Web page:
The second book, The First Kiss, deals with the youngest Knightly brother, James, and the once widowed-once divorced Vera Waltham. Vera also happens to have a young daughter, who happens to know Trent and Hannah's two girls. I actually don't mind this, it just is part of why these books start to get a little old a little quickly, because they went beyond being a bit formulaic and straight into feeling a bit like rehashes of each other. I don't know how to describe it, on paper the books seem completely different, but there's so many trappings in common that I just don't know.
The other problem I had with this particular book is that the "why we can't be together" stuff was just...tired. The whole thing with James having his little black book but being tired of sleeping with any woman that asked him just came across a bit overdone. Of course, his past romances have to be forgiven because he was emotionally wounded or something, and her past marriages are basically explained away into almost not existing. It was just felt like the old the rake and the virgin thing that I'm not into, despite how popular it is with romance readers. At the least, the threats to Vera and her daughter felt real and the parts where they were dealing with that were much more interesting than James' inner angst, so I did still at least enjoy reading it.
The big problem came with Kiss Me Hello, the last book in the series, which is about MacKenzie Knightly, the oldest and most serious brother, and Sidonie Lindstrom, a foster mom to a sometimes troublesome, sometimes troubled, teenager.
There was a lot about this book I liked. I liked Mac's character for the most part, I loved the focus on horses and how therapeutic riding can make a difference in a kid's life. I liked Sid for the most part, and I thought her backstory was particularly interesting.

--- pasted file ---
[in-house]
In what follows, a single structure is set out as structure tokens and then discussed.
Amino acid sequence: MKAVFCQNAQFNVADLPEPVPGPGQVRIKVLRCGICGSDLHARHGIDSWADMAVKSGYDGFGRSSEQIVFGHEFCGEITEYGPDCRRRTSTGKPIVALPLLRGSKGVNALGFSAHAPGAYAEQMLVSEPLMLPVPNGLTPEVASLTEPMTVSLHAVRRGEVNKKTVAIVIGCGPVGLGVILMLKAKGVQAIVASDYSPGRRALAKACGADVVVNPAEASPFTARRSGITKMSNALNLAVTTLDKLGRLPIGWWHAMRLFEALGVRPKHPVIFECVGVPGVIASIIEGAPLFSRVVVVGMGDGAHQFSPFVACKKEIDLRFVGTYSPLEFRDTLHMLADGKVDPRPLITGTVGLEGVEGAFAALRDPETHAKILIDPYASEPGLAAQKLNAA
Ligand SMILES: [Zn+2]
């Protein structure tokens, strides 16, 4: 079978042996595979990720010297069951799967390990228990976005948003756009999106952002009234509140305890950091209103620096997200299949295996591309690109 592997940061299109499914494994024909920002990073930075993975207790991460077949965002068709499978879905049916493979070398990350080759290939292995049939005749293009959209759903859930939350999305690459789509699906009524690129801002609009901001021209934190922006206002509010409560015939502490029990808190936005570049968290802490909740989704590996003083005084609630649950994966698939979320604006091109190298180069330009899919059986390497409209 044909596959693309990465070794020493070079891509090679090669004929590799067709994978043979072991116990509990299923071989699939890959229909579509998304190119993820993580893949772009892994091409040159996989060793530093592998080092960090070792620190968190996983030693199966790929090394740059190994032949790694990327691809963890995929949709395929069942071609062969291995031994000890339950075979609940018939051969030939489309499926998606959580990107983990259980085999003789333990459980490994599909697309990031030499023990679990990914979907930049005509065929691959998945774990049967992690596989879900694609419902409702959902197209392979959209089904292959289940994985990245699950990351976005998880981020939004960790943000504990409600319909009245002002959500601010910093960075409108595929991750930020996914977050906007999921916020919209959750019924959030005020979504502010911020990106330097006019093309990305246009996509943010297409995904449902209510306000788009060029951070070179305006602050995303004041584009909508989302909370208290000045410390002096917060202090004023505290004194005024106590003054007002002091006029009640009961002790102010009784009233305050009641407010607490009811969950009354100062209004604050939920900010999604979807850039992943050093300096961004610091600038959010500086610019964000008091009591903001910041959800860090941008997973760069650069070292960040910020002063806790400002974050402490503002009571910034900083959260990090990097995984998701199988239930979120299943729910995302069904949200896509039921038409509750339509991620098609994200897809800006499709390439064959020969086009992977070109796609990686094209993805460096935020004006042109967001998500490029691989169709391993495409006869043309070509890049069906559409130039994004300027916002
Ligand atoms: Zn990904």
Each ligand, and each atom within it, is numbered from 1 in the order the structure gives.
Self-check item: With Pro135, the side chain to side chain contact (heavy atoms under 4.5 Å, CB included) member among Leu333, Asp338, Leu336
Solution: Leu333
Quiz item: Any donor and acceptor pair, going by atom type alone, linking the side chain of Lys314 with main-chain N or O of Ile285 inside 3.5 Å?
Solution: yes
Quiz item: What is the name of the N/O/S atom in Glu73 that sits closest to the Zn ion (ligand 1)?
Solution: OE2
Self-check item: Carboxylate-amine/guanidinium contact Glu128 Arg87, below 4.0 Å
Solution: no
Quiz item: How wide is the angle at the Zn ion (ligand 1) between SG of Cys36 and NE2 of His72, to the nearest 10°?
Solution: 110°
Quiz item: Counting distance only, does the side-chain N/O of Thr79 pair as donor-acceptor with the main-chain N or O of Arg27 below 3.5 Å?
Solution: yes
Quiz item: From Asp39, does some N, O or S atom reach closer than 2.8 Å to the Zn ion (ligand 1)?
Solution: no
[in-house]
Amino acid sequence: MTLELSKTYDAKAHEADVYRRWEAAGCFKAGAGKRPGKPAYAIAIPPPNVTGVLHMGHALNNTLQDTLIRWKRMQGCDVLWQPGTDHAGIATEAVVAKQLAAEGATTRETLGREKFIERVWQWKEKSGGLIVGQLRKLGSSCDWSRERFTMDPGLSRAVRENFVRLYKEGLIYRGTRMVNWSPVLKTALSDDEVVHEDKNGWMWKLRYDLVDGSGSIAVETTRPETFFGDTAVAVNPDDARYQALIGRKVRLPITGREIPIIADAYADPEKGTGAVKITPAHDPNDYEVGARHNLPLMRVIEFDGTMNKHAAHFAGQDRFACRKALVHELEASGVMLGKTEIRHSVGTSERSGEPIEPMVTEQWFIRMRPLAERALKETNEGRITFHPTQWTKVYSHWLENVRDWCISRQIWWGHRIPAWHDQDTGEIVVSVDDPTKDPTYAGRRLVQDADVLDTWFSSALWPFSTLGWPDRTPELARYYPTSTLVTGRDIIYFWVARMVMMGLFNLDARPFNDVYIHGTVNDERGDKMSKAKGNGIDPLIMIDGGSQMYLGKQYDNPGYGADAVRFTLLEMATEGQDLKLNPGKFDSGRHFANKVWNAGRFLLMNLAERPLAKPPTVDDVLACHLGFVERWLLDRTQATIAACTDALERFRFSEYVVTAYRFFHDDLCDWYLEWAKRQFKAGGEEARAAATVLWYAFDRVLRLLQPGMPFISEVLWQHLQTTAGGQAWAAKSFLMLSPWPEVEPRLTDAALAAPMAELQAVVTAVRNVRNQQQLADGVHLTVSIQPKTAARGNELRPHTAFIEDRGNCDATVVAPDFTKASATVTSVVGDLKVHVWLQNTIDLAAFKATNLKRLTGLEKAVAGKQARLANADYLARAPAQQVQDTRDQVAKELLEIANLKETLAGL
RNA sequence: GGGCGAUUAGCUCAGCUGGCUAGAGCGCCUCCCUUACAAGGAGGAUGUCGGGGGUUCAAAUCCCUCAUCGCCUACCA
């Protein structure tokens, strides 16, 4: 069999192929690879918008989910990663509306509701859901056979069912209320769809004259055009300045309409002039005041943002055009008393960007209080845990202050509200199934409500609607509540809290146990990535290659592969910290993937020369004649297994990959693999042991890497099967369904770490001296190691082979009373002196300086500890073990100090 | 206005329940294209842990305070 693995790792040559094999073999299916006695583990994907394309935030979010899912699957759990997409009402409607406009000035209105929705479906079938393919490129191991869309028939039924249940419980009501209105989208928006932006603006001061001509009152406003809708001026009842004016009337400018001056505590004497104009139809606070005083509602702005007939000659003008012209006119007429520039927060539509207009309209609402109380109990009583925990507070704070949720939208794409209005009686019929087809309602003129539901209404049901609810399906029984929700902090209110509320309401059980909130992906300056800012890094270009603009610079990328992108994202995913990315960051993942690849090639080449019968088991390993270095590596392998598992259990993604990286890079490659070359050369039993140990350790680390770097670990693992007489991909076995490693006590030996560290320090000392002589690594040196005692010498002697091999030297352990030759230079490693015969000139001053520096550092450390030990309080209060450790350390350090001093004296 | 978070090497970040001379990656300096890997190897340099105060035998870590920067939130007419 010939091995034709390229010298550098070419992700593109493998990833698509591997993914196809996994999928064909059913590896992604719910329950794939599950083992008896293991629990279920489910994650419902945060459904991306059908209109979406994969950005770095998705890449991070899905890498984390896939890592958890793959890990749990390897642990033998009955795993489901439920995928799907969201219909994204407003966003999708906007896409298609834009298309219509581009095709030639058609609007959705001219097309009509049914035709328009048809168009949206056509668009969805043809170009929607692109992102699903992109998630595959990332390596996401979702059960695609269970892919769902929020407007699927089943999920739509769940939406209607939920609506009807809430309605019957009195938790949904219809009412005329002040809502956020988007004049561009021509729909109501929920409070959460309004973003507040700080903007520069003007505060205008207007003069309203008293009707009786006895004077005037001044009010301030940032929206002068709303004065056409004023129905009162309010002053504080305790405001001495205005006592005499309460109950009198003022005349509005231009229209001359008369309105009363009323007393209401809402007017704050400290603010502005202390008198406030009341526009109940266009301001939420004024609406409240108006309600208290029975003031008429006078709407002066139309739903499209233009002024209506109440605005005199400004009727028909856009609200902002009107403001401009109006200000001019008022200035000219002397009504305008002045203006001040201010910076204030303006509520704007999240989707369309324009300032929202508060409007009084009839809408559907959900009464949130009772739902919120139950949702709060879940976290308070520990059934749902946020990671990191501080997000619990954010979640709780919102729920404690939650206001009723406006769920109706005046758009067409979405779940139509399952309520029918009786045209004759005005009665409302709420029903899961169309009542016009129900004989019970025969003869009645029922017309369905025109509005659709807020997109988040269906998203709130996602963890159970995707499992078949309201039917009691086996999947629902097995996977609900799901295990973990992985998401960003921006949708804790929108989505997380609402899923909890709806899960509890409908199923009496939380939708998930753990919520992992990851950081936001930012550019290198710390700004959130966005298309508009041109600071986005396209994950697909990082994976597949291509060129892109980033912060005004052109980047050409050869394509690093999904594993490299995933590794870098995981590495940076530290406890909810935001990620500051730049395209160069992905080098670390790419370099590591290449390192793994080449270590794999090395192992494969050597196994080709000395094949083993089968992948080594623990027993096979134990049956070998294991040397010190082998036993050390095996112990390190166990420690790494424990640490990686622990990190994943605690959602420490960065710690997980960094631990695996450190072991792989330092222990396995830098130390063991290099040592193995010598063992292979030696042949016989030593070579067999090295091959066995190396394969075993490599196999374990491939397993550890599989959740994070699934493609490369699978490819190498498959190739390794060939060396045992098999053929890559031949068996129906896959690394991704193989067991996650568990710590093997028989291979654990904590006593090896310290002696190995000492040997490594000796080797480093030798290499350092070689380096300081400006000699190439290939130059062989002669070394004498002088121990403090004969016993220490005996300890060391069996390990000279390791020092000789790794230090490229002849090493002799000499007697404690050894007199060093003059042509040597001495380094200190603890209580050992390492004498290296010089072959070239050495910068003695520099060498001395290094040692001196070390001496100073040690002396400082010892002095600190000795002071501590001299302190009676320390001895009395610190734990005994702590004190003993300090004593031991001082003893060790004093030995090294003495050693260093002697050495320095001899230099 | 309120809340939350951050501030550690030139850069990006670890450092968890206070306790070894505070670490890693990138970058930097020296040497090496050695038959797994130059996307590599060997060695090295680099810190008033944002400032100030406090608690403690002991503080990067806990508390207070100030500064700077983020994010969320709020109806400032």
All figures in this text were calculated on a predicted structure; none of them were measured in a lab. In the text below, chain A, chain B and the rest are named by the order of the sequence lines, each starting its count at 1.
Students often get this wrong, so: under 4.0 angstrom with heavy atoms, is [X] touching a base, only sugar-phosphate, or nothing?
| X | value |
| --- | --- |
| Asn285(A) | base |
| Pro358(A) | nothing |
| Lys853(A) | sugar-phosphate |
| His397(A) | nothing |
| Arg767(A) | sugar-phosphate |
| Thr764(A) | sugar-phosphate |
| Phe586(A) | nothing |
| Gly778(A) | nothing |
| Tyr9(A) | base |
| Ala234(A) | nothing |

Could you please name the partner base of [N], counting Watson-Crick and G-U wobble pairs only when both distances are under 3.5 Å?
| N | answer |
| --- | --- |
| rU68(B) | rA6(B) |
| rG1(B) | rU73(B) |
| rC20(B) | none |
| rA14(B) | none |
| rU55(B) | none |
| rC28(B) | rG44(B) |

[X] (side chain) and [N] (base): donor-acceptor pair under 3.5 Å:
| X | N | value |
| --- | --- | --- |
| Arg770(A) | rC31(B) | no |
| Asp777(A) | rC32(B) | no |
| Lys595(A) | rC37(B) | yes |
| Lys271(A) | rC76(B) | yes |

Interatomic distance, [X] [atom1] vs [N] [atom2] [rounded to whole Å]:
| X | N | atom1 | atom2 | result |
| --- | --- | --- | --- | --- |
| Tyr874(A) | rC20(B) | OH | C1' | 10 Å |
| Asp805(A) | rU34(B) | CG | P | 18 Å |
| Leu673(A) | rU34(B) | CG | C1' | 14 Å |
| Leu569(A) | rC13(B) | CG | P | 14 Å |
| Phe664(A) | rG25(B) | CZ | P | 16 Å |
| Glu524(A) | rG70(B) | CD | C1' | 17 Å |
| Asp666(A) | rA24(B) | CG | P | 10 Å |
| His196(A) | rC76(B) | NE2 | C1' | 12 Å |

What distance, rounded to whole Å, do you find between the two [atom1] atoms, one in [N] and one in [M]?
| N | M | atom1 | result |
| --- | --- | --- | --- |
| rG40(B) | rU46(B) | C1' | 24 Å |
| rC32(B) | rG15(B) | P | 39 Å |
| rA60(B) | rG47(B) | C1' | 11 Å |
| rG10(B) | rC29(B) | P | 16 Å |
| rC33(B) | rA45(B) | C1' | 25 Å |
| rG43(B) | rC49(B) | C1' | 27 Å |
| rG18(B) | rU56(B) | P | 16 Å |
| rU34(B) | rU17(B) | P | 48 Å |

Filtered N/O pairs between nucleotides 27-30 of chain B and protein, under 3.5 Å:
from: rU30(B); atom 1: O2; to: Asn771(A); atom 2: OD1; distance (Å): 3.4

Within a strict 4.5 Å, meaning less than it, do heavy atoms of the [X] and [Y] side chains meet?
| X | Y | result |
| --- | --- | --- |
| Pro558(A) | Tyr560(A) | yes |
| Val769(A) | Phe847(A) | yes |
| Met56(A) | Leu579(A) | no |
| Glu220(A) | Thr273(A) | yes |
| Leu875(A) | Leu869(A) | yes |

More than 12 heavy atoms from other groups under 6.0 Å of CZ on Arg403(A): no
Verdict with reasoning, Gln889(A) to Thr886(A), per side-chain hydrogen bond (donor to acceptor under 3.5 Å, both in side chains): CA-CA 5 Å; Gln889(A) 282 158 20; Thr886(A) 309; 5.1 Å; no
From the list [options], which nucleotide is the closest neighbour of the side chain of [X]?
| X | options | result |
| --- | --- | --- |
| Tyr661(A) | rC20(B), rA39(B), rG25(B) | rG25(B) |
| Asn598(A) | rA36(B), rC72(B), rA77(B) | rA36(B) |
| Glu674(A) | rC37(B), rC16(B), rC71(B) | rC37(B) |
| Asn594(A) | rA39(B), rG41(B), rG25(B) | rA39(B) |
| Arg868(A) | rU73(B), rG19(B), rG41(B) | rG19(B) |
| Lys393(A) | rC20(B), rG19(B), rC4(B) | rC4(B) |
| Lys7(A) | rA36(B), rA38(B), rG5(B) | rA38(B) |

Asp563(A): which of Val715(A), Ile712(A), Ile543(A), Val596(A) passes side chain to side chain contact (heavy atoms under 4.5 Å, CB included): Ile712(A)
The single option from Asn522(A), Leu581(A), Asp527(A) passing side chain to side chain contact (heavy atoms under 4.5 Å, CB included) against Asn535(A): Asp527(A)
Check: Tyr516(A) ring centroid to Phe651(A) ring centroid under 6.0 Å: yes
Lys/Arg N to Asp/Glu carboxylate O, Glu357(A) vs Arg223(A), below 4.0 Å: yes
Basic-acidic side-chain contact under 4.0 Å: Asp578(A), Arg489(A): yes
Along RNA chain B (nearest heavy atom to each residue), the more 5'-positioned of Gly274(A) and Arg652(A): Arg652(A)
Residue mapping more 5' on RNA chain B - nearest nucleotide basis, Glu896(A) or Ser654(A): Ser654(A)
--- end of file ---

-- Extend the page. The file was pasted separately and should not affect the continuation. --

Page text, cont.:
But the entire plot of the book hinged on Mac being a complete and total idiot. Not even slightly idiotic, not making one small mistake and forgetting about it. No, he intentionally and willfully spends the entire book not telling Sid he's a lawyer, that his brothers are lawyers, and that they all own a law firm, because she keeps saying "I hate lawyers." Sure, she has reason to be mad at lawyers, most people do. But there are something like fifteen points where it would have been easy for any one of them to have said "I know you've had a bad experience, but I actually have knowledge, expertise, and the ability to help you solve this problem you have because I am a lawyer." Instead they find ways to try to fix things WHILE keeping everything under wraps. It just gets more annoying every step of the way. Sid's stance on lawyers is partially from an honest place, and partially just childish, and a good conversation could have solved it on page 20, considering everything else about her character. It wasn't the right plot device and it felt off the entire time.
The other problem that really rears it's ugly head in this book is one that's common to all of Burrowes' writing, that she's more than a little bit fond of the "Babies Ever After" ending. And I won't spoil the book, but the ending was so unrealistic that it actually made me mad. I thought for a second it was going to be a book about people making a non-traditional family and exploring the fact that family is made of more than genetics. And it tried, but it punted at the last second anyway, though it still scored a point or two I guess.
There's another novella, Kiss and Tell, which focuses on a completely different set of characters, but between my lukewarm feelings about the first novella, my bitterness at the ending of the third book, and the kind of weird cover, I haven't bothered to pick it up.
Overall, I would say I absolutely recommend A Single Kiss, and if you just need to know what happens for the other two Knightly brothers, then the other two books aren't awful, but if they start to annoy you then it's safe to put them away.